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Workers Have Helped Usher in a New Era of Union Militancy in the United States

There’s no question we are in a moment. There is a surge in organizing. There is public support. And workers are angry, says labor scholar Kate Bronfenbrenner.
Photo courtesy of UAW.

These days, organized labor appears to be doing better than it has in decades. The Teamsters, the United Auto Workers, the Screen Actors Guild, and the Writers Guild all won major gains after large-scale collective bargaining campaigns this year. Can organizers build on this momentum? What tactics will work and what challenges lie ahead? 

Kate Bronfenbrenner, a leading labor academic and director of labor education research at Cornell University’s School of Industrial Relations, provided The Progressive with some insight on the future of labor.

Q: Some say that because American unions are organized by Locals rather than industrywide, they are ineffective. They think that Locals are mainly interested in maintaining their own fiefdoms rather than organizing industry-wide campaigns like those seen in Europe. Is that criticism valid?

Kate Bronfenbrenner: The definition of a Local is so different with each union, that you can’t really say that. In SEIU (Service Employees International Union), for example, the Locals are bigger than probably more than half of the unions in the United States. In other unions, like the Steelworkers, the Locals are each plant. [With] SEIU, most of the organizing is happening at a Local. 

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It is more that there are small Locals that don’t have the resources. In some unions, the leaders work part-time in the bargaining unit, and the International is not giving them the funding, [so] yes, there is going to be an issue. [There are] organizing drives where the Locals all connect with each other and the International is not doing any organizing but the Locals go and organize. There is really so much variety that you can’t make a statement like that.

Q: UAW President Shawn Fain announced that all three contracts the union recently signed with Ford, General Motors, and Stellantis are set to expire on April 30, 2028. He urged other unions to coordinate to ensure their collective bargaining agreements expire on that same date to maximize their leverage when negotiating new contracts.  How significant a break does Fain’s approach represent with past practices?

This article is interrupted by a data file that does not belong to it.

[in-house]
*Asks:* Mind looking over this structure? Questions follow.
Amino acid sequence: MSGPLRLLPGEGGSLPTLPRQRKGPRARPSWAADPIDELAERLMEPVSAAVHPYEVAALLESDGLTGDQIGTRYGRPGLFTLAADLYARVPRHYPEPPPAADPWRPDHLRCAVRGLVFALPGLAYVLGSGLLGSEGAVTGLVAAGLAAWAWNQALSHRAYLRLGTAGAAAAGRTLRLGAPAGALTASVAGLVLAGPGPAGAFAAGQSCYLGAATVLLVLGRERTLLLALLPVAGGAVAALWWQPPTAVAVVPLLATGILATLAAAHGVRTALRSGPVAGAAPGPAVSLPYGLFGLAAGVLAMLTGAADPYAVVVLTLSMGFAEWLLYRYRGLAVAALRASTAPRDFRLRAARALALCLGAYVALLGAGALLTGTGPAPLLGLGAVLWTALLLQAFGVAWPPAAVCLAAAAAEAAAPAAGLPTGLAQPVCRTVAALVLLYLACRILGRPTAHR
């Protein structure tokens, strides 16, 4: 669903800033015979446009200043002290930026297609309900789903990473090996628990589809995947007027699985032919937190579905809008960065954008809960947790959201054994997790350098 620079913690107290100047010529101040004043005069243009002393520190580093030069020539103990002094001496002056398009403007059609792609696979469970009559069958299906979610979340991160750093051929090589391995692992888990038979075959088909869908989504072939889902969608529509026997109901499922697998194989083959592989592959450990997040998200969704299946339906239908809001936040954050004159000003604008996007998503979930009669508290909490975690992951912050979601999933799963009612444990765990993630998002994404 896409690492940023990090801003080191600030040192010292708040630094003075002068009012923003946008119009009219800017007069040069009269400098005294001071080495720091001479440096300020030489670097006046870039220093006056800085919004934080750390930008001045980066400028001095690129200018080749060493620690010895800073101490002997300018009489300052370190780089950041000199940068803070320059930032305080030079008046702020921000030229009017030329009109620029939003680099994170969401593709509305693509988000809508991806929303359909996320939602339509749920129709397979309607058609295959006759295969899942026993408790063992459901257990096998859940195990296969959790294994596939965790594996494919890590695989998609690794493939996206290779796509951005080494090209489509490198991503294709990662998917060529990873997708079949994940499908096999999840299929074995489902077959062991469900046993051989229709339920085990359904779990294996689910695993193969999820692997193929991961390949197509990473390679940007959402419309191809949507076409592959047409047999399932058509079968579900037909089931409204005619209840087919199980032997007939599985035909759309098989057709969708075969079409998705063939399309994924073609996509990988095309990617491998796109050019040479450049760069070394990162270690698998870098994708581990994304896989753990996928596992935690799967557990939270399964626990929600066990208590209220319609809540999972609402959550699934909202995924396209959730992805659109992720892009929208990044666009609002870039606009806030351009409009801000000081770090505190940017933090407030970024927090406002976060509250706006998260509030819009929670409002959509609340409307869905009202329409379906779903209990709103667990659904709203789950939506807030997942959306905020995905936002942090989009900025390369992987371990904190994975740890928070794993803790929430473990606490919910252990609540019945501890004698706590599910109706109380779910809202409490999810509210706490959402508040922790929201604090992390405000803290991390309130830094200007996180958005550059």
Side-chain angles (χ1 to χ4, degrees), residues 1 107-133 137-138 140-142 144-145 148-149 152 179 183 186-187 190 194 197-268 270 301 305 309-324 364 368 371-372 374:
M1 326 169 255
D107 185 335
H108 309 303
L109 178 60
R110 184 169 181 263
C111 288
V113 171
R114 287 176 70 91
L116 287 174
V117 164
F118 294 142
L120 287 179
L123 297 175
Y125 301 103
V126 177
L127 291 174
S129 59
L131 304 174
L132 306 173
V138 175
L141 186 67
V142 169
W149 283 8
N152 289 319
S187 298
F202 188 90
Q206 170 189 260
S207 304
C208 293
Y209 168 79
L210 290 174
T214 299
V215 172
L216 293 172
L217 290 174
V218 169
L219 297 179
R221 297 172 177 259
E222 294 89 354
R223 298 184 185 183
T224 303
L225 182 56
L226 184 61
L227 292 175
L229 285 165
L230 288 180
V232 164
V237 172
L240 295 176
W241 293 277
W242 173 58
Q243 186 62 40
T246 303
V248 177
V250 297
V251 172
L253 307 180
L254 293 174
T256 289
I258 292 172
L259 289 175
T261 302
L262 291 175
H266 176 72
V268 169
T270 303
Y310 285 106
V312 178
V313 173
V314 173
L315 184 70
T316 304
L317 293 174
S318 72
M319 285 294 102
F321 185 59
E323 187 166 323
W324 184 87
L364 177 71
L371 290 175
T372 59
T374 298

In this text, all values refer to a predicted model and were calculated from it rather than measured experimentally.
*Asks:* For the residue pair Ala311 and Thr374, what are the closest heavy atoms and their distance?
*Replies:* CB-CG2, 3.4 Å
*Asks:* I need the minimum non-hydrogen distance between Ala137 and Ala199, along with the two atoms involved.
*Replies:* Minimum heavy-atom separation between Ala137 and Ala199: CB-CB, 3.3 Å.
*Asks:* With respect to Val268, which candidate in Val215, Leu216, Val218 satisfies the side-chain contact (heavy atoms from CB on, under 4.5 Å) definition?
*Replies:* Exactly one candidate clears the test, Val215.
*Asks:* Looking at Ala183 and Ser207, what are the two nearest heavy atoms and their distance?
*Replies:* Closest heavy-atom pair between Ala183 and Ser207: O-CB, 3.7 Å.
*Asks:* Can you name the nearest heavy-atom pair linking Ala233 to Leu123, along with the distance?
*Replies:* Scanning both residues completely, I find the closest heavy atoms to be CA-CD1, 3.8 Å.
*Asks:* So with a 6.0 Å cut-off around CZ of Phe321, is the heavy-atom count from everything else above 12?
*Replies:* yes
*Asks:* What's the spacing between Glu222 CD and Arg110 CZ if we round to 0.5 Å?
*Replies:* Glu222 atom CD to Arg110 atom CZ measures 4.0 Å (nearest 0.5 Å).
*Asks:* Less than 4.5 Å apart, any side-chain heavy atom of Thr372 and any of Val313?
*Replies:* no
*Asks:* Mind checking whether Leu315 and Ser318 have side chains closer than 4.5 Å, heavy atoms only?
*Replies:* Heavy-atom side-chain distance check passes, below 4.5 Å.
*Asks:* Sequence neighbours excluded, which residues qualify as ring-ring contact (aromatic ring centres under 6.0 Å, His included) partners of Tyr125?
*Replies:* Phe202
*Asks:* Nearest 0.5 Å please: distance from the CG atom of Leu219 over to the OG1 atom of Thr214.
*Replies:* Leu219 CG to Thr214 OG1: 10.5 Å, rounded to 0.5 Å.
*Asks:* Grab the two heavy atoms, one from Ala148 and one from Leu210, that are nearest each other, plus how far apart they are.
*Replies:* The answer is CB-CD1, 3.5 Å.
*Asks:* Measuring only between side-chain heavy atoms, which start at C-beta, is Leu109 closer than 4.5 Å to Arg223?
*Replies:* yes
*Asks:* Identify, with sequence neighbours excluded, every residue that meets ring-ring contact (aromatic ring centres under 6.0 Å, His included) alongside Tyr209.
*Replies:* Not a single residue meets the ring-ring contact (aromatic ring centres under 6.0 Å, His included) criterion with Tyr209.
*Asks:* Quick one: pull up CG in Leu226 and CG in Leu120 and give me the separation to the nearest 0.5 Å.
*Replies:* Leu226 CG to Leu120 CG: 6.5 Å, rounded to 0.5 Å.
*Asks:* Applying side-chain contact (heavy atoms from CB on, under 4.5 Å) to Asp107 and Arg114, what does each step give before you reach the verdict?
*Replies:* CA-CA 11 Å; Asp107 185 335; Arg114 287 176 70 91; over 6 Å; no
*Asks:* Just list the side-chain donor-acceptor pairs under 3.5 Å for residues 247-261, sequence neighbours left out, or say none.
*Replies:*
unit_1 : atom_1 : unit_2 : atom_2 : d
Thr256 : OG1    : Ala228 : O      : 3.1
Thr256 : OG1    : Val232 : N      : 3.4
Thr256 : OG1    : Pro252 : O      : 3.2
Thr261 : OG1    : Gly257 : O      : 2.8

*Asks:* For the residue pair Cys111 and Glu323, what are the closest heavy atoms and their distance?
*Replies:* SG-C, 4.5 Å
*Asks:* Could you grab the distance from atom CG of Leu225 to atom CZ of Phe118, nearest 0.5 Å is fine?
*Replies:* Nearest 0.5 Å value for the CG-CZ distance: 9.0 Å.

Bronfenbrenner: It is something that happens and when it happens, it is a great thing. It is very hard to do co-determinate [simultaneous] expiration dates. Nursing home chains, if they don’t have co-determinate expiration dates when the unions try to do a strike, the companies will just move the patients from one nursing home to another. To get co-determinate expiration dates, employers know it increases worker power, so they will fight it. You have to strike to get it, plus you have to convince workers to postpone raises and things like that in order [to gain] this long-term benefit of having a co-determinate expiration date. So it is hard. But when you have them, you have enormous power.

What Fain did was aspirational. He was trying to inspire the labor movement. He got [co-determinate dates] for the UAW and, of course, the more unions that have that expiration date, the better.  

Q: California Governor Gavin Newsom recently signed a bill into law setting up a Fast Food Council between unions representing fast food workers and the fast food industry in California. Through the council, workers should have a stronger say in setting minimum wages and working conditions, including health and safety standards. Other states have passed similar laws. Some see this legislation as a big move away from locality-based bargaining. Would you agree?

Bronfenbrenner: We have to be careful about calling [labor/industry councils] bargaining. In many ways, it is lobbying in many of the states, similar to the Fight for $15, getting a statewide wage. To do bargaining you have to get the employers on board. You are increasing the power by bringing these groups together, but are the employers on board? If there isn’t some mandatory government system that forces the employers to bargain with the council and the industry, there is no mechanism for that…Employers would never agree to it.  

But what it does do is it gives these entities validity as a force that [represents]the fast food workers, the low wage workers. Some of this is happening without any regulation. SEIU has this organization [called the] United Southern Service Workers that is organizing low wage workers of color all across the South.

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They are trying to get the wages raised by lobbying for legislation. They are not going to the employers for this. It does not mean [labor/industry councils] are not an important step . . . . This has been a way to improve some health and safety conditions and raise wages. But the problem is that the employer is not obligated, you can’t enforce it if they refuse.